When my friend Mariana told us to trust her when it came to our Barcelona dinner plans, I breathed a sigh of relief. I truly enjoy researching restaurants and (as a bit of a control freak) I like being in charge of where we go, but sometimes it’s nice to leave things to someone else! And as a fellow travel blogger from Costa Rica (with Catalan grandparents and Spanish nationality) Mariana was the perfect person to show us around the city. After a lovely tour through the quirky Gràcia neighborhood, Mariana brought us down into her own barrio, Dreta de l’Eixample, where we visited the 24-hour flower market at Mercat Concepció before heading next door for dinner at the cozy Catalan restaurant, Can Cargol.
Can Cargol is a rustic restaurant that specializes in traditional Catalan food in Barcelona, which includes grilled meats and vegetables prepared on their indoor barbecue. Cargol means snail, and snails are indeed their house specialty, which is obvious as table after table slurps them from their shell. Unfortunately, none of us are fans of the slimy critters, and I can’t speak to their quality. We went to Can Cargol after a day of snacking and were in the mood for lighter dishes. Mariana took charge and ordered us some local Catalan specialties. The portions were generous, especially for their price, and everything was delicious in a rustic kind of way.
Can Cargol isn’t fancy, the waiters can be a bit informal and the food is not refined– but all in all this meal was part of one of my favorite nights in Barcelona (I also had great company!). I’d recommend it for exploring Catalan food at a very affordable price in Barcelona.
What we tried
Mariana showed us exactly how she makes the famous pan con tomate, bread with tomato. The bread at Can Cargol was freshly grilled, and she began by rubbing a garlic clove (unpeeled) over the crispy exterior. Then, she cut a small, overripe tomato in half and aggressively rubbed half of it all over the bread. Finally, she topped the bread with extra virgin olive oil and a sprinkle of salt. It was delicious!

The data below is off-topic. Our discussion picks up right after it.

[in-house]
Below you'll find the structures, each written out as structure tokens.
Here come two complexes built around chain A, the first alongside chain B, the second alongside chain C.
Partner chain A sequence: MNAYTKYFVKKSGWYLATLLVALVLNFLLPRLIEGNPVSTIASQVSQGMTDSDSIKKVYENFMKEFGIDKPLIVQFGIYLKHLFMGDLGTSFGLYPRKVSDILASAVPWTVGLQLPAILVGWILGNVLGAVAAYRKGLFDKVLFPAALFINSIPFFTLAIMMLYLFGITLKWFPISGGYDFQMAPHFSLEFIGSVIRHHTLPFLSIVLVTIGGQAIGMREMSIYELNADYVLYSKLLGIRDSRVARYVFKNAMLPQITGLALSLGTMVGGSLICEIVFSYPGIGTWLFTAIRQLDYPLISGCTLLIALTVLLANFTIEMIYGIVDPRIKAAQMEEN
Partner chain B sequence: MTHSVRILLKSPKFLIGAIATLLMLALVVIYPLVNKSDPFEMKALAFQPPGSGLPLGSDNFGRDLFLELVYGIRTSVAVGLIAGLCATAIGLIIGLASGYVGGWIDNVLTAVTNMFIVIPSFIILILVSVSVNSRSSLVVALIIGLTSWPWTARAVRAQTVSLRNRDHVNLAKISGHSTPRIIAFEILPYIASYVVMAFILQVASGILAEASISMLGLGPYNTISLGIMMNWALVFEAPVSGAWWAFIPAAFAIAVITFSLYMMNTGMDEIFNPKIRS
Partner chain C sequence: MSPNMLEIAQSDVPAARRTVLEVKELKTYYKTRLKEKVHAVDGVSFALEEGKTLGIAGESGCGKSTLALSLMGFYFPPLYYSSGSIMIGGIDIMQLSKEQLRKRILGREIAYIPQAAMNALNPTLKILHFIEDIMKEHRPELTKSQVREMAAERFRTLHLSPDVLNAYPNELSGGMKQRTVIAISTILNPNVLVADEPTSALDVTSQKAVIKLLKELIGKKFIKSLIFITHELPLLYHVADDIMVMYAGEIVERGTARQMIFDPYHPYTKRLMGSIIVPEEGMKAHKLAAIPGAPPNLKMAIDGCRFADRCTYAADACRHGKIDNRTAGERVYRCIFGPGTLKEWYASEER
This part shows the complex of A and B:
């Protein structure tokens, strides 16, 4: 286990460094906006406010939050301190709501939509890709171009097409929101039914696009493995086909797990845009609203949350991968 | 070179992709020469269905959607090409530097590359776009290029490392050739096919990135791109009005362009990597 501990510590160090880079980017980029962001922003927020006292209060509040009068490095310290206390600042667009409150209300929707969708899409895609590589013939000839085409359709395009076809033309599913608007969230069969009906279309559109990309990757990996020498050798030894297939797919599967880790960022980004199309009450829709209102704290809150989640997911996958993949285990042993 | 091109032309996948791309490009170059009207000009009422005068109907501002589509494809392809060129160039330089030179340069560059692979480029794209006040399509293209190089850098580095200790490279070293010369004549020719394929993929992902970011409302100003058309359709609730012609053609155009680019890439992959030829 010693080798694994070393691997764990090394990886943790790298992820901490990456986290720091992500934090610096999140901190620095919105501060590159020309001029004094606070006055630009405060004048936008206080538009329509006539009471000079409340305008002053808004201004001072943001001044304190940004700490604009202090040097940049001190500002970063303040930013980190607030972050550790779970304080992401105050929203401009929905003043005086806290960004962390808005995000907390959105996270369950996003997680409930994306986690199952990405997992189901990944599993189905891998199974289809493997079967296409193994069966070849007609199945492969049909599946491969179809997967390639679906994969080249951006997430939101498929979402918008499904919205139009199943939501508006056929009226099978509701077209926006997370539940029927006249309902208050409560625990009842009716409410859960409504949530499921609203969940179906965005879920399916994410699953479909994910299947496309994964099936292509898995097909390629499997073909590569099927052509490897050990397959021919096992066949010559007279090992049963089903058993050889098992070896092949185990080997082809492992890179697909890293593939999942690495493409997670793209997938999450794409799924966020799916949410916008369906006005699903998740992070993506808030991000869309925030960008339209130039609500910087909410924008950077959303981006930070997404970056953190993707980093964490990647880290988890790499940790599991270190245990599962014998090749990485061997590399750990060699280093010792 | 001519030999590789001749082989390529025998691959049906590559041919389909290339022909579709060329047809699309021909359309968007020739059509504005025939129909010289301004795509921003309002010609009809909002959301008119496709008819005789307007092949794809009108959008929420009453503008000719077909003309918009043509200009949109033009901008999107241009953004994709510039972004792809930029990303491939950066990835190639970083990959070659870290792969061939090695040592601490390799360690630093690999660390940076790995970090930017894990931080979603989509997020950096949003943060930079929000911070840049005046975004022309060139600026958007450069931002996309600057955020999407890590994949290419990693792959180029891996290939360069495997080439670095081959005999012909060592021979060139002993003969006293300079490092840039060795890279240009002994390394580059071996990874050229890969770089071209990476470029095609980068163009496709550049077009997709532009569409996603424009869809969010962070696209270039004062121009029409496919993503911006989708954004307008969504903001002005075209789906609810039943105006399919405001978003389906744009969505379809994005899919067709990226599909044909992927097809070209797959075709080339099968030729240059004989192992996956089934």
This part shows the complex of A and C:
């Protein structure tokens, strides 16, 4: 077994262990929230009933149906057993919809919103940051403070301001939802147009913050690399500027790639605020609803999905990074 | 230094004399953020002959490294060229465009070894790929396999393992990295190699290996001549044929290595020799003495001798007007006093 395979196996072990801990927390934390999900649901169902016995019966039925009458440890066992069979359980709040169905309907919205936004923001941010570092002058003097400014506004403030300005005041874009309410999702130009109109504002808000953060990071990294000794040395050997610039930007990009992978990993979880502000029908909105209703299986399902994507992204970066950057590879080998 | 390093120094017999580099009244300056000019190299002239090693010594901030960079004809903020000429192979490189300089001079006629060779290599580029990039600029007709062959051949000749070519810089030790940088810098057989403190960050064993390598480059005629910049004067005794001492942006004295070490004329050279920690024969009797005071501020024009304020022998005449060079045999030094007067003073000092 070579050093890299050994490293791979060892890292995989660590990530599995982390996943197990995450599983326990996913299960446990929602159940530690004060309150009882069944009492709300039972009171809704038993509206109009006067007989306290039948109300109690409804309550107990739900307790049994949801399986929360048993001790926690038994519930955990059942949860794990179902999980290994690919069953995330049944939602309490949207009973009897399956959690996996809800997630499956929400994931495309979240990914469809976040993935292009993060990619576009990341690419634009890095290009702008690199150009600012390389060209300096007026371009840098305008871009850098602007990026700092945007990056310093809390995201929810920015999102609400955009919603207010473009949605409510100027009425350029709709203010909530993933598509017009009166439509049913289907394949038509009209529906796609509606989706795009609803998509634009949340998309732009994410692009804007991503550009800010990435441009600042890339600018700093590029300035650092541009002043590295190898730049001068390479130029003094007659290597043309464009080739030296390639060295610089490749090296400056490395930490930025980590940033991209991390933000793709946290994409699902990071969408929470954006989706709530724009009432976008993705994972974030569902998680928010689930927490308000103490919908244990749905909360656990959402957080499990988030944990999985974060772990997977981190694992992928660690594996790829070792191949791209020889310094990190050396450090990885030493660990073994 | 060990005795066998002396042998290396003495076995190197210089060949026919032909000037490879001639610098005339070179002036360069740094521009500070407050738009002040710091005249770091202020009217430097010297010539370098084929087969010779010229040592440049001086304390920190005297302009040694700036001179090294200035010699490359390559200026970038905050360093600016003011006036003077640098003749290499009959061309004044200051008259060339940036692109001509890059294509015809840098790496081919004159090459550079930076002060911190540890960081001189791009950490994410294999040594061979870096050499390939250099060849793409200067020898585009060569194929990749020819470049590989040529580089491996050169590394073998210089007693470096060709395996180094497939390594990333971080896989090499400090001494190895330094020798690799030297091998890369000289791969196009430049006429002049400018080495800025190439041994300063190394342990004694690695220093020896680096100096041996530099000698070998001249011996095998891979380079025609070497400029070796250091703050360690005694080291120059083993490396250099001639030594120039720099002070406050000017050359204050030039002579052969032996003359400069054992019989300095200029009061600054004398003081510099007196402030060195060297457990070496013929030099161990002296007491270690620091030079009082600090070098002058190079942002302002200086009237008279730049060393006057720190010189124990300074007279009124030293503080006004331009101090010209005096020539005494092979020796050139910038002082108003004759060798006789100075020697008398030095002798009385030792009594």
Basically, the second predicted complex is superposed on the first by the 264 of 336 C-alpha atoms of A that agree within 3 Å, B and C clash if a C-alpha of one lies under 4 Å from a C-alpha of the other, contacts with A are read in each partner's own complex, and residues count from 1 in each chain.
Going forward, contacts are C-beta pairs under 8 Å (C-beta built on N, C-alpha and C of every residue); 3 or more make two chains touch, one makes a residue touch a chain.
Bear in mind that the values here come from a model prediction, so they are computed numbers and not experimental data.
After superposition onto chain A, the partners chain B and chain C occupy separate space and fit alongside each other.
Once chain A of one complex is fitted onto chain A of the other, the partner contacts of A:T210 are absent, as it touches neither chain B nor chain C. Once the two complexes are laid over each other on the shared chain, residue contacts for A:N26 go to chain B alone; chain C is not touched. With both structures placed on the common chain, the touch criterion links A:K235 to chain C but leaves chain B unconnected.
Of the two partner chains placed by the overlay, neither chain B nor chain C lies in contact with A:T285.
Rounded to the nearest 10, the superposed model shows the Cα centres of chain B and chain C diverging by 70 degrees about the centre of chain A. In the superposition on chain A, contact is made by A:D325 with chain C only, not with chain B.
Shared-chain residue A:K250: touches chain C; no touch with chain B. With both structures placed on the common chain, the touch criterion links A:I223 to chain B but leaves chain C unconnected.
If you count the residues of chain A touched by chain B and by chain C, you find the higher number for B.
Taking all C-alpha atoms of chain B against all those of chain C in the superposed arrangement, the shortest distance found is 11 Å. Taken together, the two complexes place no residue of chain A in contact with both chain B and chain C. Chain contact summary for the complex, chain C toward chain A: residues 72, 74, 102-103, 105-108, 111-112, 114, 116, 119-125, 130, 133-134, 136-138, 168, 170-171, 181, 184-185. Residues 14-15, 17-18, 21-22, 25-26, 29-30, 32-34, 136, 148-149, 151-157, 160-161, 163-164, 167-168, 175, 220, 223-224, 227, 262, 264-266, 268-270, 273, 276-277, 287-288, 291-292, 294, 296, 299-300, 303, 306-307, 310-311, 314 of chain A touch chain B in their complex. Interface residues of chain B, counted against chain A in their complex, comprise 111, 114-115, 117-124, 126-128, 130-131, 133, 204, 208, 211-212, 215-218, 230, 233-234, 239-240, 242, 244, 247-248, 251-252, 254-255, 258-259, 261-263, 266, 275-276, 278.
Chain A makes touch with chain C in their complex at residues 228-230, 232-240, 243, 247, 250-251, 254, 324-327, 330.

Next up was queso a la brasa, a big chunk of grilled cheese with tomatoes and oregano. It was yummy, especially the slightly burnt bits of cheese– my favorite part.
These were my first calçots (a special type of onion harvested in Catalonia), so I don’t have much to compare them to. They were fun (though messy) to eat, and the nutty Romesco sauce has long been a favorite. Their version was a bit oily, but it did the job.
The alcachofas a la brasa (grilled artichokes) were probably my favorite dish of the night. I savored every garlicky leaf until I finally got to the tender heart inside. Delicious!
Escalivada is the name of a dish consisting of smoky roasted vegetables, usually eggplant and bell peppers. Topped with anchovies and olives, it was healthy and satisfying.
I’d never heard of esqueixada de bacalao, but I am definitely a fan. Made with shredded salt cod, chopped peppers, tomatoes, and onions, and dressed with vinegar and olive oil, esqueixada was the perfect dish to finish our dinner (before desserts!).
Mató is a fresh Catalan cheese (similar to ricotta) that is generally served with local honey as a dessert. It wouldn’t have been my pick, but I tried Ale’s and it was quite good.
Mariana opted for a homemade flan with orange essence. It was creamy and eggy, just like flan should be.
But the best was (of course) my own dessert, the eggy crema catalana topped with a crunchy layer of caramelized sugar. It was the best crema catalana of my trip!
The Highs: I loved the garlicky artichokes and the delicious crema catalana. And I felt like we were out in the Catalan countryside versus in the middle of a big city!
The Lows: While I enjoyed the informal service, the restaurant does have some bad reviews that describe rude waiters and being rushed out quickly. This was not our personal experience, but don’t go expecting five star service.
The Verdict: A great option for trying traditional Catalan food in Barcelona at a very reasonable price. Best for sharing plates with friends or family.
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